Young started rotating cruises as an incentive reward in 2008. “It was the Mediterranean cruise on the 125-cabin Silversea’s Silver Cloud,” he says. “It was seven nights, a full-charter buyout. It was the first incentive we ever did that scored a perfect five out of five in attendee satisfaction. They found absolutely nothing to complain about. From that point on, we decided to do more cruising.”
In 2011, Young set up a seven-night, full-charter cruise to Alaska aboard the Regent Seven Seas. The cruise scored a satisfaction score of 4.86 out of 5.0 among the 250 attendees.
Earlier this year, Young arranged a seven-night Scandinavian cruise aboard Silversea’s Silver Cloud, which included ports of call in Sweden, Denmark and Germany. “We used the ship as a floating hotel, staying two nights in a port” says Young. “A lot of planners go to a different port every day. They think it’s the best way to get the best bang for the buck. But I don’t think it’s the best use of time because you can’t experience the location.”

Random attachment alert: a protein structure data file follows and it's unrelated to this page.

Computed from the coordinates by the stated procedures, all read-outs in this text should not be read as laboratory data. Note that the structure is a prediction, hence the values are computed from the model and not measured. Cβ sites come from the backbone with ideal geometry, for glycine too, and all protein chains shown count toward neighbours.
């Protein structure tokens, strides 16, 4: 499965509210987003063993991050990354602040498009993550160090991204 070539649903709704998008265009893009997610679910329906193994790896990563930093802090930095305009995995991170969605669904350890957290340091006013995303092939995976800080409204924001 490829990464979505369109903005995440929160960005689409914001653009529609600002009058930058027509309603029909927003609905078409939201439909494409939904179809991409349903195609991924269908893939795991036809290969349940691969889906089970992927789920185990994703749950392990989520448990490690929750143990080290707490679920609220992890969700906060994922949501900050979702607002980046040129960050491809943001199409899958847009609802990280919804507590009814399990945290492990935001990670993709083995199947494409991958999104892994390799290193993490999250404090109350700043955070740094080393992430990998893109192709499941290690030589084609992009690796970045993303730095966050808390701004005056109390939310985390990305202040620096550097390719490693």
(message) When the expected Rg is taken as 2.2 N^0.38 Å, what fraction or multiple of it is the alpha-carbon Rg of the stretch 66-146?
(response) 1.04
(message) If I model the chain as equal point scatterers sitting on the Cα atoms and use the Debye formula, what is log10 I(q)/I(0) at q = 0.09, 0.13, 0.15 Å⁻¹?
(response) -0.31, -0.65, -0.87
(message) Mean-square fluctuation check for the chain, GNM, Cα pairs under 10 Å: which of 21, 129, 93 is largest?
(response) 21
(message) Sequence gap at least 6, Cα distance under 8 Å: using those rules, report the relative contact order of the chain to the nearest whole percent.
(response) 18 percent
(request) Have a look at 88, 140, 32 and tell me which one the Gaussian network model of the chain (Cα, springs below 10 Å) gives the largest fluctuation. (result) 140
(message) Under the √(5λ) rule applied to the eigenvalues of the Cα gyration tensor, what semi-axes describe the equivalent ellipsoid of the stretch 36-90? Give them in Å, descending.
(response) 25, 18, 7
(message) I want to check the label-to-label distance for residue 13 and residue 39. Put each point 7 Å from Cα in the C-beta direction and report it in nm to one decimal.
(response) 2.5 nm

Young also is considering another full-charter cruise to the Greek Islands in 2018.
Another benefit of booking a full-ship charter is the freedom to tailor the events to match the company’s meeting objective. For example, Norwegian Cruise Line allows a company to incorporate its brand and logo into every aspect of the ship, from banners on the side of the vessel to ice sculptures, napkins and menus. Planners can customize itineraries as well as activities, parties and entertainment.
And at Carnival Cruise Line, for instance, planners can use the Carnival Corporate University to tailor teambuilding, communication and leadership programs.